Re: Questions for you glass-panel folks
- From: Roger <GetValidAddress@xxxxxx>
- Date: Thu, 06 Mar 2008 23:33:45 -0500
On Thu, 6 Mar 2008 11:40:03 -0500, "Darkwing"
Ah, my old Ohio Scientific C2-8P. A one MHz 6502, 48K of dynamic ram
"Bertie the Bunyip" <bertie_the_bunyip@xxxxxxxxxxx> wrote in message
On 5 Mar, 17:05, "Jay Honeck" <jjhon...@xxxxxxxxxxxxxxx> wrote:
2. Assuming that it is, has the FAA considering a new, simplified
for obtaining an IR in a glass cockpit?
Until there is zero possibility of things going tango-uniform, and you
ending up using the backup steam gauges, I seriously doubt the FAA will
reduce the requirements.
Simplifying doesn't necessarily mean a reduction in requirements. Rather,
am wondering if they will change the required tests to more accurately
reflect the reality of flying a glass cockpit plane.
If I'm remembering correctly, the lion's share of the written test covered
VOR and NDB interpretation. After flying the G1000, it seems that testing
student on his ability to chase needles on a VOR would be like requiring
new computer programmers to learn Cobol. The skill set that the FAA is
testing doesn't seem to fit the reality of flying the new technology.
I suppose the same thing happened when the old A/N radio ranges were
supplanted by the VORs?
This is depressing beyond words. Another advocate for dumming
The first computer I owned was a nightmare, it had no hard drive, you had to
load all the operating system with disks everytime you booted it up, most of
the commands were done in DOS. That pales in comparison to a new computer
with WinXP, but I wouldn't go back to what I used to have to do just because
it worked well at the time but I have always liked new technology, it keeps
(16K X1 at 30 some bucks a chip) and dual 8" floppy drives. Cost me 4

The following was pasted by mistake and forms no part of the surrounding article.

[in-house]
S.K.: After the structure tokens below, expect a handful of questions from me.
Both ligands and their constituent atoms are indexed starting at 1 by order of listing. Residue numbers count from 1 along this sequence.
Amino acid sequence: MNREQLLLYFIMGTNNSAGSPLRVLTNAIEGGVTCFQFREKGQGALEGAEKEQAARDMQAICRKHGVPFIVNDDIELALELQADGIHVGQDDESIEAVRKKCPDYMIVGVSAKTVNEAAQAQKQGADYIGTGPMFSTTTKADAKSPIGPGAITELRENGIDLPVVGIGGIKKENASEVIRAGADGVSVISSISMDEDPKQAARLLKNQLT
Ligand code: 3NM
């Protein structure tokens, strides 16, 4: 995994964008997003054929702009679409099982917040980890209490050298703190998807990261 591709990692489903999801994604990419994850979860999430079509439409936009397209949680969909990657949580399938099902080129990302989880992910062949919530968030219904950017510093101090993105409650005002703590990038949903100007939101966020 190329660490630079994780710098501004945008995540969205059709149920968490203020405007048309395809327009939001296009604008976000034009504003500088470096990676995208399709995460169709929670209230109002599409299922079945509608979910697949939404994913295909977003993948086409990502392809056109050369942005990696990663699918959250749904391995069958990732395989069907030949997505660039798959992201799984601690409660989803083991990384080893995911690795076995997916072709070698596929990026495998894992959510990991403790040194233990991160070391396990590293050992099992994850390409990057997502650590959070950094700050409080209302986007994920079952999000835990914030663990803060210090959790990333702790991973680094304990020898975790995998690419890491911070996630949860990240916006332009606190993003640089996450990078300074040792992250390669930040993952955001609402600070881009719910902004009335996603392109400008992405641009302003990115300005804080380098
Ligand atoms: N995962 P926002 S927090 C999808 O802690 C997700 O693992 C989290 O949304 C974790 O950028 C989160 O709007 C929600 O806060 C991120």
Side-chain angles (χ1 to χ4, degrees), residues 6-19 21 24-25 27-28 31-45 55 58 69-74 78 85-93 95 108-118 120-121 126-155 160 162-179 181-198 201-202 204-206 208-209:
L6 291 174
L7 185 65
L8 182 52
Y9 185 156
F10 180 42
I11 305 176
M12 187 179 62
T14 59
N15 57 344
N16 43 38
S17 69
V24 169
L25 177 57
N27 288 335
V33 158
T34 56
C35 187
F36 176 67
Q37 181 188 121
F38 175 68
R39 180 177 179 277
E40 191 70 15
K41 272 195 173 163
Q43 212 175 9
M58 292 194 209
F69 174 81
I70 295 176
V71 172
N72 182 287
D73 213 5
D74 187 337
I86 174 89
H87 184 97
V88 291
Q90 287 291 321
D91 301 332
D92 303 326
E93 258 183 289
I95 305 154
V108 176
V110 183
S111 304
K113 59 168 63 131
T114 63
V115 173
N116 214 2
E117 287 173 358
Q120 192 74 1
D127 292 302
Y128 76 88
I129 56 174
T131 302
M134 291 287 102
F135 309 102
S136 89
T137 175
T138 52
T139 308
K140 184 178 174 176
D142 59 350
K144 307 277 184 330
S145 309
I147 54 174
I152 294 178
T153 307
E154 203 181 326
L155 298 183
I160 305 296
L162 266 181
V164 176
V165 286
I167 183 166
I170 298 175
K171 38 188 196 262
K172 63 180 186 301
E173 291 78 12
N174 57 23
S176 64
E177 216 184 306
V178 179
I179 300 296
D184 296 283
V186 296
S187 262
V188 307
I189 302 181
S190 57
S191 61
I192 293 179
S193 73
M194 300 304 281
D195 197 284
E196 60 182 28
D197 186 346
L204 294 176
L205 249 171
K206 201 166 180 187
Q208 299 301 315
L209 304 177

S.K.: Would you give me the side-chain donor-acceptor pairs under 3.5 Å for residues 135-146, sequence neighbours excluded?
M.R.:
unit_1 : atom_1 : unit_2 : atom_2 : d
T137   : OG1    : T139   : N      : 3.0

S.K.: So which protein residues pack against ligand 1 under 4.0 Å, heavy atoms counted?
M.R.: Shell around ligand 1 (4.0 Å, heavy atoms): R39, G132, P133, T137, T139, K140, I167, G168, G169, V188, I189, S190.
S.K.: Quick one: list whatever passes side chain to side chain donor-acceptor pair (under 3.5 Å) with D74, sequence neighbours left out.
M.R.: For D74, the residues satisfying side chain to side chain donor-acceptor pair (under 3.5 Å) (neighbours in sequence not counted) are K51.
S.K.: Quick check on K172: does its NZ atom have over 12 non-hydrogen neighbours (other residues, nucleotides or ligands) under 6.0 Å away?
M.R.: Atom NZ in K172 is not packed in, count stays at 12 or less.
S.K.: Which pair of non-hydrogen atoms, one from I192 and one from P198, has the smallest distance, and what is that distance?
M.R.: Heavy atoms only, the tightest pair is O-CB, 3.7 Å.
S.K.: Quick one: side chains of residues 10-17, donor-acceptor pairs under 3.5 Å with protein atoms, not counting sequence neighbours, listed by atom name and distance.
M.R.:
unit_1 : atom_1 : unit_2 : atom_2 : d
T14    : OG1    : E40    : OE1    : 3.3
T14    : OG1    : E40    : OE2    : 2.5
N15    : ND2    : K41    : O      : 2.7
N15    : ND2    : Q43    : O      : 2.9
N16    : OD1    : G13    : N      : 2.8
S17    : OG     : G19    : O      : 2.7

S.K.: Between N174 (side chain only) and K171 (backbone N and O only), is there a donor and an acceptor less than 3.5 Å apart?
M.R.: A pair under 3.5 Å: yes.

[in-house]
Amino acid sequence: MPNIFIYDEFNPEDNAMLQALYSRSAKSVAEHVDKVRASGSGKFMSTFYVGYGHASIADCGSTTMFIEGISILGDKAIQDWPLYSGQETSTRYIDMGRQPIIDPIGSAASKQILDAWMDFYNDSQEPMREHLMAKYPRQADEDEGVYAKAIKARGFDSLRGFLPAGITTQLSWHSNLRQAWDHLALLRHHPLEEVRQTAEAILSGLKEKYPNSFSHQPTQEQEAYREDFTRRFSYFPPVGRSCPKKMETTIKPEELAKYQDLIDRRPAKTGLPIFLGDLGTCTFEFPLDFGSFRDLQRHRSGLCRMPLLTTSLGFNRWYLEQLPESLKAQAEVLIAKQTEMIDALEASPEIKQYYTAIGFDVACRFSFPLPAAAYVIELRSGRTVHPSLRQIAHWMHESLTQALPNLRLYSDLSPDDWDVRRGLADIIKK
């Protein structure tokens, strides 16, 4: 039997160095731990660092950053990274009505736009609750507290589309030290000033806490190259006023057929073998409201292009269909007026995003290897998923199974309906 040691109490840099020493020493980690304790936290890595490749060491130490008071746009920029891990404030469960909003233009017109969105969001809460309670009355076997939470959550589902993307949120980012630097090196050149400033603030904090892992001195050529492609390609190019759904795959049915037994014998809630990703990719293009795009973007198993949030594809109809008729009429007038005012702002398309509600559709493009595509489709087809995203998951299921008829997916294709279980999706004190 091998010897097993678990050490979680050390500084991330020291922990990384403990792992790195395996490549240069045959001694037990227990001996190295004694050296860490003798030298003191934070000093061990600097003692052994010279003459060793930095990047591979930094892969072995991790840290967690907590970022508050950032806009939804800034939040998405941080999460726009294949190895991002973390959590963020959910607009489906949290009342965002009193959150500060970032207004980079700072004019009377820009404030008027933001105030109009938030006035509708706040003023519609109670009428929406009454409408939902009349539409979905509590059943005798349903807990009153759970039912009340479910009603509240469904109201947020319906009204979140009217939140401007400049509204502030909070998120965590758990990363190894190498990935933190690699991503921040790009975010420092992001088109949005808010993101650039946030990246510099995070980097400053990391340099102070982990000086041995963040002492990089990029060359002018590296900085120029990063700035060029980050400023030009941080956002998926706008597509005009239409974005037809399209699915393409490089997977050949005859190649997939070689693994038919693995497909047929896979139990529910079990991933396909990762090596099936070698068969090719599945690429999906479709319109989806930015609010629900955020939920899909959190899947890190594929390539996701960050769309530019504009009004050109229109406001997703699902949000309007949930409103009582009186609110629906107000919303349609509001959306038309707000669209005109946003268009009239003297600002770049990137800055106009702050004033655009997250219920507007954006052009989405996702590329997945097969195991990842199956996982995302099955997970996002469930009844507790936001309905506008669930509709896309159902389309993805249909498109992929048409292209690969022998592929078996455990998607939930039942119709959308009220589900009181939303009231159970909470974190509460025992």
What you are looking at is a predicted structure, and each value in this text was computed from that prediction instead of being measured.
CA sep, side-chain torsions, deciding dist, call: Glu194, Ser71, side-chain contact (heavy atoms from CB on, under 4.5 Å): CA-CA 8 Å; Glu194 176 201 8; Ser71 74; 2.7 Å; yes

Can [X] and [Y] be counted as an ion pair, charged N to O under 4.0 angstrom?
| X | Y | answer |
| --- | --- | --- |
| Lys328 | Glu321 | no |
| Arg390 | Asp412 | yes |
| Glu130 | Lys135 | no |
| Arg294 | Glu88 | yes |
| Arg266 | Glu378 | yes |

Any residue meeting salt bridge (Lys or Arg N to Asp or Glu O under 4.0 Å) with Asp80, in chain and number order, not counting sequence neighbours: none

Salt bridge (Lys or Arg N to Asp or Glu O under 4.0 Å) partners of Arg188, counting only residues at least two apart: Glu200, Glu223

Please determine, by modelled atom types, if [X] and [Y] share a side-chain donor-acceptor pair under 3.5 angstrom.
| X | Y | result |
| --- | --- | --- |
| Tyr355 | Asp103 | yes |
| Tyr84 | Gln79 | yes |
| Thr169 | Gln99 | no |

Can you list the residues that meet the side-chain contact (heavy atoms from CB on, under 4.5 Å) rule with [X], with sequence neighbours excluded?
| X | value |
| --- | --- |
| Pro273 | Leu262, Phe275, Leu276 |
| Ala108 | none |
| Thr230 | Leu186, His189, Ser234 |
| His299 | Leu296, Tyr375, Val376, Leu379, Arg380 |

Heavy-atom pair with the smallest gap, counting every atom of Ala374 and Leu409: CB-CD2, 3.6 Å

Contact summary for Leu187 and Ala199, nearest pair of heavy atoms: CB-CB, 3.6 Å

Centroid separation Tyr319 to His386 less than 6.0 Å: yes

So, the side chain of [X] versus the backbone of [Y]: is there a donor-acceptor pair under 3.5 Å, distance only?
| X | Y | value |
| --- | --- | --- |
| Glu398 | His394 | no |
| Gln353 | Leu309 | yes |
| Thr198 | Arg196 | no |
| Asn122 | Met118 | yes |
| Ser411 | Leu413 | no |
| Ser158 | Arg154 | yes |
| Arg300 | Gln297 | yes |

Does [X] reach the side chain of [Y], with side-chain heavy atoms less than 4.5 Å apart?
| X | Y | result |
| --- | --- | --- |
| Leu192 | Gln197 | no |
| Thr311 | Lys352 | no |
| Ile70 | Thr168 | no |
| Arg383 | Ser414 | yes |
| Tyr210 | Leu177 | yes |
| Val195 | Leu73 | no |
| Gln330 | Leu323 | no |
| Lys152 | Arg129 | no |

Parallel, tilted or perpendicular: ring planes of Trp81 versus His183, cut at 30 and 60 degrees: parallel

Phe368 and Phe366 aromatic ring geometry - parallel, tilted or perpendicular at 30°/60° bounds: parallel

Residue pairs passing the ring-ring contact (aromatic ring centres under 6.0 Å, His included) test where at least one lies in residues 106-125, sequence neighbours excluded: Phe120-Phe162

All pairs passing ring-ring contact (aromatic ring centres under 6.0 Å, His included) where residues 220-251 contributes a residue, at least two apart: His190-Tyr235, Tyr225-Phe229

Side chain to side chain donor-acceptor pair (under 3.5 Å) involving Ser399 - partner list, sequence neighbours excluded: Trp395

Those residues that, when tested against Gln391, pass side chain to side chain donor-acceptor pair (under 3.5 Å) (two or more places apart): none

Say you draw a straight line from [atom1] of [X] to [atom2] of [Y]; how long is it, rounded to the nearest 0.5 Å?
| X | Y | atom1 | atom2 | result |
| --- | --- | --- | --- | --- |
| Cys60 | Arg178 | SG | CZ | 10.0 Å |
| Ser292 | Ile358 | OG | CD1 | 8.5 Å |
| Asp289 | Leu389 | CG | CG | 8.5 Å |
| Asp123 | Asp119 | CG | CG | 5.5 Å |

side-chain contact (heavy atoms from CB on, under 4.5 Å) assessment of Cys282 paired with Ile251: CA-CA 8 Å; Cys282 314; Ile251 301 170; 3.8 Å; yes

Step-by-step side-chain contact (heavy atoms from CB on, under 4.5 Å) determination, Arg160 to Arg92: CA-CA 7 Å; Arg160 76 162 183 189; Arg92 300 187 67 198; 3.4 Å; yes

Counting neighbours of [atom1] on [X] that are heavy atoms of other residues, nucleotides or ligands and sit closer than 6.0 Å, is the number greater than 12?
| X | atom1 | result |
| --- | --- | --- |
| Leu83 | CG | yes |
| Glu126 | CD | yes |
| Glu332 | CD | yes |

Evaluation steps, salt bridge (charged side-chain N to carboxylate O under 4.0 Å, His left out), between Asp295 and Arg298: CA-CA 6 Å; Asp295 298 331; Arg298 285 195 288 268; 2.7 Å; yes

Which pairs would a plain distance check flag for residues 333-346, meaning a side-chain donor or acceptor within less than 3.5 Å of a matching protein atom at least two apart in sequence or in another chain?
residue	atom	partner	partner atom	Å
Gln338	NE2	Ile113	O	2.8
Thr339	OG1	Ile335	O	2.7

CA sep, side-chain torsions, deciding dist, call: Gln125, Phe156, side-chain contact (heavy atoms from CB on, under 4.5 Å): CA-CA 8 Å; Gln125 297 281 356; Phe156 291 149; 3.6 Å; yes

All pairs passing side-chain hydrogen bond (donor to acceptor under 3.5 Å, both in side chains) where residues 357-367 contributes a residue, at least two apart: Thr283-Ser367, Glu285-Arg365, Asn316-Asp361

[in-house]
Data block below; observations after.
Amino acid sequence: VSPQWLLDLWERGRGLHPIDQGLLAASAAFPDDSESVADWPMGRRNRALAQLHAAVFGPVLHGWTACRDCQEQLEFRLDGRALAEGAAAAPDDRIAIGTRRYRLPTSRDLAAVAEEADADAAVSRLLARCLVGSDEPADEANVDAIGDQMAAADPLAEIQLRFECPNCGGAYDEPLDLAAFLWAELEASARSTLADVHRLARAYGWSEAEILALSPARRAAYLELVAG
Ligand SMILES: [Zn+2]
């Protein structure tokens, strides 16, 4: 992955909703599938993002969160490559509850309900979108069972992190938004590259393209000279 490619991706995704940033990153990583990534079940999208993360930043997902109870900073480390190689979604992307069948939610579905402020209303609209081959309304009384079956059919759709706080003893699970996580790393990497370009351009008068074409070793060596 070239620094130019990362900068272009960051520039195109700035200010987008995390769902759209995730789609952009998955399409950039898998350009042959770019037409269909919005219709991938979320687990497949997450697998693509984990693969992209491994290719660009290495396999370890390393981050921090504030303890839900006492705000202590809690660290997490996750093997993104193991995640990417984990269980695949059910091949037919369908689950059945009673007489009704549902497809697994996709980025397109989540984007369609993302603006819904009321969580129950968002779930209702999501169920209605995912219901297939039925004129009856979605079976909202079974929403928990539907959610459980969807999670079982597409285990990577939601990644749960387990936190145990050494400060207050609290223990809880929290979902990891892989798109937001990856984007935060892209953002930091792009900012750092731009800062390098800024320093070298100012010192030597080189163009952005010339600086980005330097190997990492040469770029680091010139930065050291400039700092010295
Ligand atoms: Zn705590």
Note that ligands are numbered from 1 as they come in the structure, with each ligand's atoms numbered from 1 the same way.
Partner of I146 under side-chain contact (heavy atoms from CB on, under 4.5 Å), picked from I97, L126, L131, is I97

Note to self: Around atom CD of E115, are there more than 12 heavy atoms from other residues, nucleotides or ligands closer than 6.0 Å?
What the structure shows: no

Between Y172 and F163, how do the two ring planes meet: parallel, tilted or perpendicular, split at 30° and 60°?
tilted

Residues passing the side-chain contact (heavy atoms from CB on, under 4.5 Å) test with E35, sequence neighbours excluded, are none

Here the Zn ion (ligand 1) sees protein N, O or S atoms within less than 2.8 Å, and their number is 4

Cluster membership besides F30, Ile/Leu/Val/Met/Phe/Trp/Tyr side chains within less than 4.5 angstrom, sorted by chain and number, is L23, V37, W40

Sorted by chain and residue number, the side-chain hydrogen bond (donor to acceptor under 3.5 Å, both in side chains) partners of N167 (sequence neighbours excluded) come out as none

Grand WITHOUT a monitor or keyboard. Those I had to find on my own.
You booted it by entering Go 800 (I think) and then typing in the
address for the disk drive as well as the track and sector to start
(IIRC) That was 1979 or 80.
Today I can build up two multi core, state of the art machines with
big time graphics cards, 4 Gig of at least DDR2-800 RAM, and a
Terabyte of HD space and my OS on a 10,000 RPM Raptor. I think I could
even include the 22" wide screen monitors and do it for less than that
My first HD cost a $100 a megabyte. Tonight I installed a heavy duty
750 Gig HD that cost 26 cents a Gigabyte. IOW a 10 Meg drive cost me
a thousand bucks in the early 80's and I just picked up a WD RE
version of the 750 Gig for $200. Were I to settle for the SE version
and shop around I could get it for around $140. Actually there were
one Terabyte drives available for about $240 or 24 cents a Gig.
A little over a year ago I paid near $300 for 2 Gigs of DDR-2 800 (PC
6400) RAM. Now I can get the same stuff (make and model) for less
than $100. Actually 4 Gigs is around $140. Check NewEgg. <sigh>
One thing to remember about the new technology. When it comes to
small planes that tech is still a small fraction of what's out there.
Roger Halstead (K8RI & ARRL life member)
(N833R, S# CD-2 Worlds oldest Debonair)
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